B.M. Mitra, J. -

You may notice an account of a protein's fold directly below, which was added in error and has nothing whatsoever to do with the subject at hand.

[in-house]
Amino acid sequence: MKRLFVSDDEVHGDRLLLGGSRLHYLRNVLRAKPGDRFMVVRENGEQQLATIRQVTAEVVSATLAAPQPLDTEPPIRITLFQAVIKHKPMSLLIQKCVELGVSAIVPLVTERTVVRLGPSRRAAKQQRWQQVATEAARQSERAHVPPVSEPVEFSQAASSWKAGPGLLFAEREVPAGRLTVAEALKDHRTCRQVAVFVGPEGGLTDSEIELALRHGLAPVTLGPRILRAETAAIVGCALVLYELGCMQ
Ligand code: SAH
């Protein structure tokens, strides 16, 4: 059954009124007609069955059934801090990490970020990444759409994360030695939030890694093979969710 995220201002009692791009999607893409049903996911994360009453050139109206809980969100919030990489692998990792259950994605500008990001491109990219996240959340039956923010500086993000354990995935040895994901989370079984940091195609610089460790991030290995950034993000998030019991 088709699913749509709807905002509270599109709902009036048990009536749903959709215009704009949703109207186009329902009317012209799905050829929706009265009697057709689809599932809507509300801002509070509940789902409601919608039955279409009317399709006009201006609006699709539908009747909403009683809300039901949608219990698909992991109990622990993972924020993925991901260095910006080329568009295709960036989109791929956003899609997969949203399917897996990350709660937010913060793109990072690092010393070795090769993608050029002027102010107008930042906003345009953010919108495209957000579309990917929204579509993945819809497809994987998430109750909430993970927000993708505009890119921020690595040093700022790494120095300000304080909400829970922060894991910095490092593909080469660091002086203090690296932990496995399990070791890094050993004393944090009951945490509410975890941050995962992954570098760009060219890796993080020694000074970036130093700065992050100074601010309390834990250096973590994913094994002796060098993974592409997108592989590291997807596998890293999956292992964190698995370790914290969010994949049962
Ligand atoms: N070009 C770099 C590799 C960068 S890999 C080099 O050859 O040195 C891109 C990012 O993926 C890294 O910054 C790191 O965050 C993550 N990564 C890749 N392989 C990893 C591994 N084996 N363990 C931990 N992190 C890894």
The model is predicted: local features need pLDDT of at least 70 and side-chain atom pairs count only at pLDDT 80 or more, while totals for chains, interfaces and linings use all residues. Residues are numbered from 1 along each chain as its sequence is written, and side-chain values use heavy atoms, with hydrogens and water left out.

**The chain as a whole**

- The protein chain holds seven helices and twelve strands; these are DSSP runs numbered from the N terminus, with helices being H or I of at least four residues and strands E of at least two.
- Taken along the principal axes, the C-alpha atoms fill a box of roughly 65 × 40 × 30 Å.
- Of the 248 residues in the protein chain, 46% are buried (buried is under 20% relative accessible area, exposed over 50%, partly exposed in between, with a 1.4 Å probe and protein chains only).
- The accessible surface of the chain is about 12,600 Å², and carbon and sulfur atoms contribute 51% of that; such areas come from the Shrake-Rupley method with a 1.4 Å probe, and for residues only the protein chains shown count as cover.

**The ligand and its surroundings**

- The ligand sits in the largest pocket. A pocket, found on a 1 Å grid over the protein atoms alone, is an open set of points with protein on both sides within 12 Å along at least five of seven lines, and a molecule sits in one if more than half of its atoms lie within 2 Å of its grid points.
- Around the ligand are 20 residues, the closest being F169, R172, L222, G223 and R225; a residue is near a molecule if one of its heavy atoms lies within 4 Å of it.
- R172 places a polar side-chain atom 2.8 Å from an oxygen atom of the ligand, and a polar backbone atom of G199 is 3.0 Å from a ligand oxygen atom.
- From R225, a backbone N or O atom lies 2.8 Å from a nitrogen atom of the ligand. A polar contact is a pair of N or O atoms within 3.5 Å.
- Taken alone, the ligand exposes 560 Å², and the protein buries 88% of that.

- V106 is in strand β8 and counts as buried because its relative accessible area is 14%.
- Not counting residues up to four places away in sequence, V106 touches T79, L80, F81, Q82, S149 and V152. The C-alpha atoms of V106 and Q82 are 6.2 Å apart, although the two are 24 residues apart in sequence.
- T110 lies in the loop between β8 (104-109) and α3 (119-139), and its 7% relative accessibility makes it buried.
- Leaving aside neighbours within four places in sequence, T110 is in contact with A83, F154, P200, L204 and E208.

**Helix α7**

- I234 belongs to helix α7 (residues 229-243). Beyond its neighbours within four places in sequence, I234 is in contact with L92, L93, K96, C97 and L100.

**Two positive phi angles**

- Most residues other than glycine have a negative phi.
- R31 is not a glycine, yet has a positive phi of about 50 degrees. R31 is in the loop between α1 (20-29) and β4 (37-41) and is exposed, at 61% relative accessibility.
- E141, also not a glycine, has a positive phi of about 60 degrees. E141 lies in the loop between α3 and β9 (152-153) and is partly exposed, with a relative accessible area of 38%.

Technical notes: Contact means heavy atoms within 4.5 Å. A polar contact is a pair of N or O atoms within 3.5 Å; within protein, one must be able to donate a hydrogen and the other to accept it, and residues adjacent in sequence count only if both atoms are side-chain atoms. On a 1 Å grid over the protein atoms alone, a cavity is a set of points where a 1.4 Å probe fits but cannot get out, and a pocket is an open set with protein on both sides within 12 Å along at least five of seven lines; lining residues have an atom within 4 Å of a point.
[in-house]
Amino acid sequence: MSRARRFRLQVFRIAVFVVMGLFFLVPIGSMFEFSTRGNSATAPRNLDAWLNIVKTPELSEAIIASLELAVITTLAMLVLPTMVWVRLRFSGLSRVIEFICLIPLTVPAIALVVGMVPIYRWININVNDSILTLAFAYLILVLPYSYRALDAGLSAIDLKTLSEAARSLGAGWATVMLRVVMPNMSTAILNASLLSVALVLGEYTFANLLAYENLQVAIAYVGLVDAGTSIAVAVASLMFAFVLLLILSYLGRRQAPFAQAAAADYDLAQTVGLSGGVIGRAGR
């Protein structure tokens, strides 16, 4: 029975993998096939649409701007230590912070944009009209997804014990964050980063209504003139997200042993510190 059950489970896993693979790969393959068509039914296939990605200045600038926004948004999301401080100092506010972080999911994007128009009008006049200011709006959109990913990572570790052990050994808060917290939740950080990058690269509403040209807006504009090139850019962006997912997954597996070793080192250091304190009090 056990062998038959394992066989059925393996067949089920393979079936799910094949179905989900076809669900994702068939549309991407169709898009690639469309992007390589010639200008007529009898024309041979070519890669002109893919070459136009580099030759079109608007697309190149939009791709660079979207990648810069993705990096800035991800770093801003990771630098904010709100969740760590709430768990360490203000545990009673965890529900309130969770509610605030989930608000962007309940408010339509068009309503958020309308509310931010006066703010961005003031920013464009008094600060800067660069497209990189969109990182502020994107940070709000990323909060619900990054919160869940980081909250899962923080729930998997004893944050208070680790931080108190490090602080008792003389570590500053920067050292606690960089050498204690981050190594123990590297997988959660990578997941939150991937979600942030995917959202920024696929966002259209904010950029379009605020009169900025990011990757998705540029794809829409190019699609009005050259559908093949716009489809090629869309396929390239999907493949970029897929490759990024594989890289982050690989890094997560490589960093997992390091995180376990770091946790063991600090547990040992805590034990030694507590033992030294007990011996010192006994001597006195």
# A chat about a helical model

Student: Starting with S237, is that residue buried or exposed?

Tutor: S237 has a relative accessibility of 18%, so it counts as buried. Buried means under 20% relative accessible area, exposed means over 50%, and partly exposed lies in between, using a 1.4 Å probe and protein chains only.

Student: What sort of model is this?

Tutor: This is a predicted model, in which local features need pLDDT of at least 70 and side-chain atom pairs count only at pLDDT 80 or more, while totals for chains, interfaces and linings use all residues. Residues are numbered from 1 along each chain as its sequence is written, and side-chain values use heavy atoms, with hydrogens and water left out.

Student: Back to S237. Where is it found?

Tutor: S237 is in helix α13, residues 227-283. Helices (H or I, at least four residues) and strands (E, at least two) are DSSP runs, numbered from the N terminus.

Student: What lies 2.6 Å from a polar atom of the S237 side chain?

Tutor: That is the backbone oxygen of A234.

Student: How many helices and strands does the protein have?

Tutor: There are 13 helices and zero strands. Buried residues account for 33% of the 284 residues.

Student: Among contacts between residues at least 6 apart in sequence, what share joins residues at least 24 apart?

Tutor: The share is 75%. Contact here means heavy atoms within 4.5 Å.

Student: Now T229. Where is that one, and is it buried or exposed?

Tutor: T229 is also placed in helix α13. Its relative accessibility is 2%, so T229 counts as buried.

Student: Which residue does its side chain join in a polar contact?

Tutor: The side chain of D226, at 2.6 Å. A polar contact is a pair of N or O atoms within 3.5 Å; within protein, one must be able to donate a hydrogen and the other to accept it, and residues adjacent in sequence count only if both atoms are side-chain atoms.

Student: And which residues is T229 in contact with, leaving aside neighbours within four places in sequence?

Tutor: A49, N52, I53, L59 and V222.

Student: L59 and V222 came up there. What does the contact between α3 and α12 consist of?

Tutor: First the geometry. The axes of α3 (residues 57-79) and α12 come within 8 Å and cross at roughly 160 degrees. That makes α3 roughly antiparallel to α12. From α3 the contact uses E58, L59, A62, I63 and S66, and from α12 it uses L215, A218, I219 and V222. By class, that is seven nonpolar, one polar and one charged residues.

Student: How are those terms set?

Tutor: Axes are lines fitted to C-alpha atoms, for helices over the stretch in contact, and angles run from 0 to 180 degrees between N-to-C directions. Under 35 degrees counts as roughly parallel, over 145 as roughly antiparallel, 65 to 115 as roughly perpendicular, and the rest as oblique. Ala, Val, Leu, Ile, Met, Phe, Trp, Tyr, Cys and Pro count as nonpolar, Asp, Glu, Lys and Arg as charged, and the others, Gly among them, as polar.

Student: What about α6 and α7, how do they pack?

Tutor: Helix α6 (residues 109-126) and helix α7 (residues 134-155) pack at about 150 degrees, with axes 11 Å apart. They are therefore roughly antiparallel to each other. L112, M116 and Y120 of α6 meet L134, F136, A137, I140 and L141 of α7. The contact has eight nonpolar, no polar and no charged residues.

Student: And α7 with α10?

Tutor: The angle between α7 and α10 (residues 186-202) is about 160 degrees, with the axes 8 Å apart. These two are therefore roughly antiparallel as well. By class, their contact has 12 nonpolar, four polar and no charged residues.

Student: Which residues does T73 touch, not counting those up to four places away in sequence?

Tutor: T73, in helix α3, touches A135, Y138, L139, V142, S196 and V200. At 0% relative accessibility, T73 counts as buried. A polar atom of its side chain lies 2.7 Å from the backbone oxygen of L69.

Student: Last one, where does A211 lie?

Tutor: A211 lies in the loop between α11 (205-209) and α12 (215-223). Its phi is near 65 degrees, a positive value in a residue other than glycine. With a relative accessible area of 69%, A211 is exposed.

(1.)This writ petition is directed against an order dated 29 -08 -91 passed by the Commissioner, Presidency Division which is appended as Annexure T to the writ petition reversing the order dated 19 -12 -89 passed by the District Magistrate, Murshidabad which is annexed as Annexure 'G' to the writ petition. The order, as aforesaid, dated 19 -12 -89 passed by the District Magistrate, Murshidabad is proceeded by an earlier order passed by the self -same Authority on 01 -06 -88 which was sent to the District Magistrate being the Licensing Authority in the District under the order of the Commissioner, Presidency Division, containing a reference to an order passed by this Court in C.O. No. 7887(W) of 1987. As per the order of the High Court, the writ petitioners were allowed to operate the cinema hall for period of one month. In the said proceeding multiple objections were taken about the grant of cinema licence on the ground of closed proximity of another cinema hall and also the close proximity of the proposed sits of the cinema halt from an existing school at about distance of 1/4 kms. and also for its location from a religious institution and also its situation adjacent to a hospital about 1 Km. away. The Authority concerned, apart from raising the contention about the proximity of another cinema hall, has taken into account of its location to religious institution and in consideration thereof no permission was granted to grant permanent cinema licence in the site as proposed. Thereafter another order has seen the light of the day vide Memo No. 3262/EN, dated 19 -12 -89 passed by the District Magistrate, Murshidabad and in one line the reference was made by a cryptic comment about consideration of the prayer and as a follow -up measure therefrom the same was allowed. Against the said order passed by the aforesaid Memo, a statutory appeal was taken out and the Appellate Authority reversed the said order on, inter alia, finding that D.M.'s subsequent order dated 19 -12 -89 permitting construction of a permanent cinema ball on the same site is apparently in contradiction to the earlier order and no reason is adduced for the palpable anomaly. It has been hinted in the order passed in appeal that it becomes difficult to reconcile two orders passed in different points of time of which one being contrary to the other and also the later order does not reflect any reasoning. this Court has looked into Annexure 'G', that is the order dated 19 -12 -89 and it is apparent therefrom that the said order is not resonant with reason. In this context, a reference may be made to the : decision of Vasuja Viswanath Saraf vs. New Education Institute & Ors., reported in AIR 1986 SC 2105, where it has been observed that when the statutory provision of appeal to the higher Forum has not enabled the superior Forum or the Appellate Court to know or be apprised of the reasons which impel the Court to pass the order in question, the recording of reasons in disposing of the same is a mandatory requirement to be fulfilled in consonance with the principles of natural justice. It is no answer at all to this legal proposition that the purpose of expeditious disposal of cases a laconic order like "dismissed or rejected" will be made without passing a reasoned order or a speaking order. The decision of any authority cannot partake of the character of quasi -judicial in nature of the order or administrative order having civil consequences. In passing such orders the authority will be required to comply with the twin principles namely, Audi Alteram Partem and that of fair play which includes giving reasons for the order. Even an earlier decision was referred to by Mr. Dey, the learned Advocate appearing on behalf of some of the respondents reported in AIR 1984, SC page 1271 at para 22, page 1287 where the Supreme Court held that the authority cannot give formal reasoning but reference has to be made to the allegations supported by reasons in order to provide an opportunity to the person affected to make his representation. Viewed from the said angle of the stand point the order dated 19 -1289 passed by the District Magistrate. Murshidabad suffers from apparent, infirmity. The learned Advocate for the petitioners Mr. Bhattacharya has strongly relied upon and has made a reference to AIR 1976. page 578 namely, the case of J.M. Desai... Appellant vs. Roshan Kumar & ORS.,... Respondents and also a Full Bench decision of Madras High Court, reported in the case of M.L. Krishnamurti... Appellant vs. District Revenue Officer, Vellore A Another... Respondents, reported in AIR Madras page 87, Full Bench. The bone of contention which permeates the entire range of the subsisting controversy as to whether a right of rival entrant has the locus standi to invoke the jurisdiction of Writ Court for issuance of a Writ of Certiorari. From the decision of the Supreme Court (supra), it has been relied upon that appellant is that setting up of a rival cinema hall in the town will adversely affect his monopolystic commercial interest causing pecuniary harm and loss of business from competition. If the impugned order does not operate as the decision against the person affected, much less does it wrongfully affects its title to something he cannot be said to have been subjected to a legal wrong. He had suffered common legal grievance and as such he has no legal peg for a justiciable claim to hang on. In this context a further reference may be made where the expression 'aggrieved person' has been comprehended as denoting an elastic and not to an extent an elusive concept. It cannot be confined within the boundaries of the rigid, exact and comprehensive definition. At best its features can be described in a broad tentative manner. Its scope and meaning depends on diverse valuable factors such as the content and intent of the statute of which the contravention is alleged, the specific circumstances of the case, the nature and extent of the parties interested, and the nature and extent of the prejudice or injury suffered by him. In furtherance of strong reliance placed on the aforesaid judgment a reference was made to the decision of Madras Full Bench reported in AIR 1990, Madras, page 87 where the Full Bench has referred to the aforesaid decision of the Supreme Court reported in AIR 1976, SC page 578 and the same has been reiterated and it has been observed there that rivalry in the trade is permissible is law and in that context a person cannot complain that his commercial interest is prejudicially affected. It is significant to mention that the cited decision of the Supreme Court reported in AIR 1975, as refereed, has dealt with the Bombay Cinema Regulation Act 1953 and the Rules framed there under but in the instant writ proceeding the Act involved is West Bengal Cinema (Regulations) Act, 1954 and the Rules framed thereunder. In the instant case, the private respondents in the writ application are not invoking the exercise of Writ Jurisdiction for a relief for issuance of Writ of Certiorari. It is an unsuccessful applicant who is figured as the writ petitioner and has been trying to invoke the Jurisdiction of this High Court for a relief of issuance of a Writ of Certiorari Here, in this case, the private respondents have preferred statutory appeal under Sec. 5(4)(a) of the West Bengal Cinema (Regulations) Act 1954. The relevant provision is set out hereunder :